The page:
For merger and acquisition (M&A) and capital markets dealmakers in the United States, 2020 has been the year of the special purpose acquisition company (SPAC). SPACs have taken the corporate world by storm, with 230 new SPACs making their initial public offering (IPO) debut and raising over US$77 billion and 104 SPAC business combinations signing and/or closing in 2020 alone. The so-called “third way” (referring to an alternative to an M&A exit or an IPO) continues to have significant effects on both the M&A and IPO markets, and there is now an increasing number of cross-border transactions being announced, indicating that companies outside the U.S. are paying attention to the trend and considering merging with a U.S. SPAC to become publicly listed on a U.S. stock exchange.
The SPAC business combination is a hybrid of a private-growth financing, strategic M&A process, and IPO. For early and development-stage life sciences companies in particular, the certainty and flexibility a SPAC business combination allows with respect to both valuation and financing offers an attractive alternative to these more typical transactions.
A SPAC is a blank check shell company that raises money from public investors for the sole purpose of identifying a private operating company to acquire. Given that the SPAC has no operations of its own, the transaction effectively results in the IPO of the target operating company, which will become the successor public company.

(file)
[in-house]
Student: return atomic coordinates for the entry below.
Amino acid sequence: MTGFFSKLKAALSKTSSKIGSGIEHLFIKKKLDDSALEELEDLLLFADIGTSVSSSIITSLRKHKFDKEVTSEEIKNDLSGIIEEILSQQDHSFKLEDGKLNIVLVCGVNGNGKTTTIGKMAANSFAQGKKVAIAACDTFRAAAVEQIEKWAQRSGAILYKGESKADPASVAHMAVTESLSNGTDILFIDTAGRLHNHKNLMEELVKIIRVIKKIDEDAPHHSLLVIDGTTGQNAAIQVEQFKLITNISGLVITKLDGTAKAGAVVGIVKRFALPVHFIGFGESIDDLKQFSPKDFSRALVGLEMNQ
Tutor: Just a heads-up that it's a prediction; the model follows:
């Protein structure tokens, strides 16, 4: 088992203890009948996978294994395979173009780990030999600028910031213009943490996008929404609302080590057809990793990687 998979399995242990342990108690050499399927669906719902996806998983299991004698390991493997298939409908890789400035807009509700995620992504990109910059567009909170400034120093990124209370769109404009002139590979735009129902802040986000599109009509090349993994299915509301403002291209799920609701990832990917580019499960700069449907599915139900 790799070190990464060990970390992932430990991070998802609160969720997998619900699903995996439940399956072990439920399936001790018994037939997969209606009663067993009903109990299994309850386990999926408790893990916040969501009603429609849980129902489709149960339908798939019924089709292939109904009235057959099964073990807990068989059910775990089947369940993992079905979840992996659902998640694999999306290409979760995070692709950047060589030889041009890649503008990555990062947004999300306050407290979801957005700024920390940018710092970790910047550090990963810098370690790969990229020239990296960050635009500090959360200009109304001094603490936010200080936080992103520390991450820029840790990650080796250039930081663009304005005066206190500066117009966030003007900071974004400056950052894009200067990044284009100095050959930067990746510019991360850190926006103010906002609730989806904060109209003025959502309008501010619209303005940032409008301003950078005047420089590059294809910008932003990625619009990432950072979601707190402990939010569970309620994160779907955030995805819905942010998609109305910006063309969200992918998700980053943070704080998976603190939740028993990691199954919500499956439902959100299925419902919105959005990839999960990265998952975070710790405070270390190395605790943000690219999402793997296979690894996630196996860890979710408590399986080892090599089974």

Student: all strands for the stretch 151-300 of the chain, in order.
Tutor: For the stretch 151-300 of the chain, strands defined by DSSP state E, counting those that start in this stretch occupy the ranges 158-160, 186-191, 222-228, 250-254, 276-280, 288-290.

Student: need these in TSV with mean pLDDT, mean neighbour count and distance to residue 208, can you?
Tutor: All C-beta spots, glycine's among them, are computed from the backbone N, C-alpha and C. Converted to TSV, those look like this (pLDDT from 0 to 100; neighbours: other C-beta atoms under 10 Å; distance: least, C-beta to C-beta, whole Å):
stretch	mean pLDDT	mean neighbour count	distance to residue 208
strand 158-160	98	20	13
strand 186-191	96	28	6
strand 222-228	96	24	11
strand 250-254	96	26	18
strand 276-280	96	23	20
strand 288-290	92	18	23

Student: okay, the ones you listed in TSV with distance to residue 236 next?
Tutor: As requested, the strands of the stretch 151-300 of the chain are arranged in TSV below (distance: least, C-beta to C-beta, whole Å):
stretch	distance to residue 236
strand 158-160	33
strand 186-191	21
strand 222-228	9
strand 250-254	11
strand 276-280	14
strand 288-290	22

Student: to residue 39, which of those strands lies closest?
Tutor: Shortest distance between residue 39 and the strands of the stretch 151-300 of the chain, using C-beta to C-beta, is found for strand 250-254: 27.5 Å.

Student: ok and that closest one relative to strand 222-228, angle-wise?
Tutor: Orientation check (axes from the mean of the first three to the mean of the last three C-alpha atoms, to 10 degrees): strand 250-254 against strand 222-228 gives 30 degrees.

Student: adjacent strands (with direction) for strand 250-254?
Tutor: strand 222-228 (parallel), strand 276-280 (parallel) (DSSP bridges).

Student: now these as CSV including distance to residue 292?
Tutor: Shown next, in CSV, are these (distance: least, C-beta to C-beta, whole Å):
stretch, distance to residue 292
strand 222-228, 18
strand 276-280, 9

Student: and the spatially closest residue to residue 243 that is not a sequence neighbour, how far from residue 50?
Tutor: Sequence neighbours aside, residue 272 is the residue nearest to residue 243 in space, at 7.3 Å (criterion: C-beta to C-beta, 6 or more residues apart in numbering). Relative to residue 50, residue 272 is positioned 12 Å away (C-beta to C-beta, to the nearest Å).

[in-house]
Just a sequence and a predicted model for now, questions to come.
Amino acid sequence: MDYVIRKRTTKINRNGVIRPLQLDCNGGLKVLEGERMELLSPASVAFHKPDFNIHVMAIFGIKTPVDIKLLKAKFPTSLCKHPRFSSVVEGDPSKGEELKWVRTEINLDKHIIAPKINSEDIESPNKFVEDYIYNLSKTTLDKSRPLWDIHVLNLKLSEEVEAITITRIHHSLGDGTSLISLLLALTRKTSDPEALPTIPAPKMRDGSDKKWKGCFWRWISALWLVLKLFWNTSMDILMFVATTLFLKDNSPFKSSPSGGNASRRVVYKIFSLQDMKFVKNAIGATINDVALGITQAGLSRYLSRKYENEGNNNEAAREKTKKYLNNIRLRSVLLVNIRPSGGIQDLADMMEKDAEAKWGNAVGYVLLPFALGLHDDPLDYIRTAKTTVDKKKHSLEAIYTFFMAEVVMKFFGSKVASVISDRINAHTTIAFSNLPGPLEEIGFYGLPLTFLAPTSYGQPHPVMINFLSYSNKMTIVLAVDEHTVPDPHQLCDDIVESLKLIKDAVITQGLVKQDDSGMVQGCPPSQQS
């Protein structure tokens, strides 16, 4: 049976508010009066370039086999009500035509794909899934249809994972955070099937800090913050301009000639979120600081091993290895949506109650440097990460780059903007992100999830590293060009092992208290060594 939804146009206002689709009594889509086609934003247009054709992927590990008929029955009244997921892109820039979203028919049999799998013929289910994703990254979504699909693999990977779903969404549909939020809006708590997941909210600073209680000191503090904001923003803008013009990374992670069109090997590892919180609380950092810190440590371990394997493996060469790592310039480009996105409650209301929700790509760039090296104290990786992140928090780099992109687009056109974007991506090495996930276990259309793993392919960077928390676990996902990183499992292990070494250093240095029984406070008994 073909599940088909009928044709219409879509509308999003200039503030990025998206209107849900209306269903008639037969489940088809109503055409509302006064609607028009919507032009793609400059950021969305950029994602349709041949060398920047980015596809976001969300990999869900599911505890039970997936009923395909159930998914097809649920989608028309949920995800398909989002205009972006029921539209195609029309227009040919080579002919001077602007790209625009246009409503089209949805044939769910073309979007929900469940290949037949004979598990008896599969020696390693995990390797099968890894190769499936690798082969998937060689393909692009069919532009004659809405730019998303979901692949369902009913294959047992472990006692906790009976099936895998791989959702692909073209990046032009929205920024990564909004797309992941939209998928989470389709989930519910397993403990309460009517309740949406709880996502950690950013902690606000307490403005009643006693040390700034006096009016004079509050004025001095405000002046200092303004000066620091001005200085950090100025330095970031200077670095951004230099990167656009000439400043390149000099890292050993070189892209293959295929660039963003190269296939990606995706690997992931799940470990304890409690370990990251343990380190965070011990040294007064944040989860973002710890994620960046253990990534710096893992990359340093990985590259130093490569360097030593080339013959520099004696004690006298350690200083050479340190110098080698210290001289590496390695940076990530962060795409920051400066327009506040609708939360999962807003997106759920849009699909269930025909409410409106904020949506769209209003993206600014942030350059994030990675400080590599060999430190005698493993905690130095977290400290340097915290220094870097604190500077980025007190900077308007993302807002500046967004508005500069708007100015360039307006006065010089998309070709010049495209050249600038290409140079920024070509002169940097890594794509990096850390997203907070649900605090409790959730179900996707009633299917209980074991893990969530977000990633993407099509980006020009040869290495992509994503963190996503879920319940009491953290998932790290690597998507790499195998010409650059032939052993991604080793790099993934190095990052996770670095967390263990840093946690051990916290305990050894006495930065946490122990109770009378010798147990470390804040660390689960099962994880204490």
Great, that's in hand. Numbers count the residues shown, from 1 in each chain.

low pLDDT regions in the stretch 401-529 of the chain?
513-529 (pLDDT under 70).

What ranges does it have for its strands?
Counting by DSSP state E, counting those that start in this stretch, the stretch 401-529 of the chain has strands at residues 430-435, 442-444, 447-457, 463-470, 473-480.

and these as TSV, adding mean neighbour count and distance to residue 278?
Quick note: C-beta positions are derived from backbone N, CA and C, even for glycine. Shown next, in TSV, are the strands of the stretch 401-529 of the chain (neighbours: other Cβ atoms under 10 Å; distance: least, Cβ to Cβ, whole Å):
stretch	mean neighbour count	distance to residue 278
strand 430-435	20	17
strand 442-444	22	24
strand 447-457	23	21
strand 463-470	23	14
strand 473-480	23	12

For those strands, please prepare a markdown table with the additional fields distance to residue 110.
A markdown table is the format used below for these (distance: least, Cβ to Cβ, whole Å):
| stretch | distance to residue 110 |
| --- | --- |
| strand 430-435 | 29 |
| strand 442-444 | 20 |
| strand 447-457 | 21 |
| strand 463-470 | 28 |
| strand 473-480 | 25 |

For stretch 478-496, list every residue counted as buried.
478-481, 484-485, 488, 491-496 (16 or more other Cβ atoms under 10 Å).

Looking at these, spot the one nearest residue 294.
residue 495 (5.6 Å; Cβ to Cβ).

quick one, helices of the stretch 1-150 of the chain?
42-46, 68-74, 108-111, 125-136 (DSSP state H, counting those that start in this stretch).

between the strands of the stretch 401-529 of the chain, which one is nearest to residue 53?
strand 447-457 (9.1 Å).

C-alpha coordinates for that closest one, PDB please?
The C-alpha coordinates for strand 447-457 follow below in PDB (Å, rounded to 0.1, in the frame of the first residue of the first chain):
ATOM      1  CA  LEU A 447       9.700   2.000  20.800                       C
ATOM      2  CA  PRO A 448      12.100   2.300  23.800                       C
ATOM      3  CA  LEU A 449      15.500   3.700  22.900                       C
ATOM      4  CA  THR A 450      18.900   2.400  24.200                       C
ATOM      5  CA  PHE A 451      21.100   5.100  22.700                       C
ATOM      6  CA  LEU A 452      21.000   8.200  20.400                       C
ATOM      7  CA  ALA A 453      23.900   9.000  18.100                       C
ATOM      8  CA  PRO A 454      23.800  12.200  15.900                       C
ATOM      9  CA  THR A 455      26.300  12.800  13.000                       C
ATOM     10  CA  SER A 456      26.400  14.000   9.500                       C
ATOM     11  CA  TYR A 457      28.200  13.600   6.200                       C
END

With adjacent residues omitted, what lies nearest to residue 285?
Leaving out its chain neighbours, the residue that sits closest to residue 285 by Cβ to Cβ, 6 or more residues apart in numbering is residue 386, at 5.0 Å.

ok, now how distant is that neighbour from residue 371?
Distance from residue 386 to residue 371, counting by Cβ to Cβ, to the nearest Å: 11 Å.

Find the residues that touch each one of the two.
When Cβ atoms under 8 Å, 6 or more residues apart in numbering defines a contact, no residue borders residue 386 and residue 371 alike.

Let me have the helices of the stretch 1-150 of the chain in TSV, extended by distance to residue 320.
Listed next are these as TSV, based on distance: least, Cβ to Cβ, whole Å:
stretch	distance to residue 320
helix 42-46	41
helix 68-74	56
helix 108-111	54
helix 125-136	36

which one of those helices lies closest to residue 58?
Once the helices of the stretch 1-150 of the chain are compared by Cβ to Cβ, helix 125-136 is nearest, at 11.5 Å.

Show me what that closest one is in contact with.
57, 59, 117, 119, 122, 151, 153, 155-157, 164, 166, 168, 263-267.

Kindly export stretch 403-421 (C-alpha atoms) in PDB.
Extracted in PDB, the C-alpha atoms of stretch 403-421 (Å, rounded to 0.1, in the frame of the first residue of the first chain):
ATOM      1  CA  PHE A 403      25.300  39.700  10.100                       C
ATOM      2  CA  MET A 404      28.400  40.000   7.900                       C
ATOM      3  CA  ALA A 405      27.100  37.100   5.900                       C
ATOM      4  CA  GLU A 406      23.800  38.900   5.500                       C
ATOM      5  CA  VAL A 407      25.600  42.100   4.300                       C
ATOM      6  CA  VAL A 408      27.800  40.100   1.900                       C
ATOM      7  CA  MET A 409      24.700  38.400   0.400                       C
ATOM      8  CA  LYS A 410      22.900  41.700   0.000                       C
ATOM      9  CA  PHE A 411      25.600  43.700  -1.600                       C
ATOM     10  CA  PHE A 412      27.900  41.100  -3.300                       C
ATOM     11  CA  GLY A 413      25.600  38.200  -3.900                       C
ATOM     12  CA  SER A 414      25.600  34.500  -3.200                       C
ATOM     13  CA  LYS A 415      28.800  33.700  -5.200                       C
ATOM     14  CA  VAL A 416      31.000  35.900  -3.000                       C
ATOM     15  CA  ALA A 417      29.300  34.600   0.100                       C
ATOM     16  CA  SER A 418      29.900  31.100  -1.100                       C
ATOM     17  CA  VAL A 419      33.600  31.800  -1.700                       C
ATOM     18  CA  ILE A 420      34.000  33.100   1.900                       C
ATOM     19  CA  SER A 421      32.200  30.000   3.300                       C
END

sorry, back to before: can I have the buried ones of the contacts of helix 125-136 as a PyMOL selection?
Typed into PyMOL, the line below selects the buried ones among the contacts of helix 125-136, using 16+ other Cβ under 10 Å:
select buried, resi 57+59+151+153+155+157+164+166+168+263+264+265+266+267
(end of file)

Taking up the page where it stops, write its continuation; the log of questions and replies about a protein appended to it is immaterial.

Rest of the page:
Given that SPAC transactions are generally financing events to fund the operating company’s balance sheet, they involve predominantly equity consideration and have limited secondary cash-out components for company stockholders. Additionally, the companies SPACs are acquiring are increasingly two to seven times (or more) the size of the SPAC by enterprise value. The result of these facts is that the operating company’s shareholders most often retain a significant majority of the pro forma public company’s stock and control of the public company (this is one reason many refer to these as “reverse mergers” or “back-door IPOs”).
When the SPAC raises its own IPO, the SPAC’s sponsor (often a private equity, venture, or hedge fund) receives a “promote,” or fee, in the form of nonredeemable common shares (and often warrants) in the SPAC in exchange for putting up a modest amount of “at-risk” capital to fund the SPAC’s operations (e.g., M&A transaction costs and Securities and Exchange Commission reporting costs).
In exchange for their investment, a SPAC’s public shareholders receive a unit composed of a redeemable common share and often a warrant (or fraction thereof).
The key defining feature of U.S. SPACs is the fact that when a public SPAC investor is asked to vote on an acquisition of a private operating company, it is separately given the opportunity to either keep their money in the transaction (effectively investing in the operating company’s IPO) or redeem its investment in full (plus interest). The two decisions are entirely delinked (and the presence of a warrant often means SPAC deals are most often approved by vote, regardless of redemption levels), and the redeemable capital invested by public shareholders sits in a protected trust account until a target company is acquired, to be used solely to fund that acquisition and any shareholder redemptions.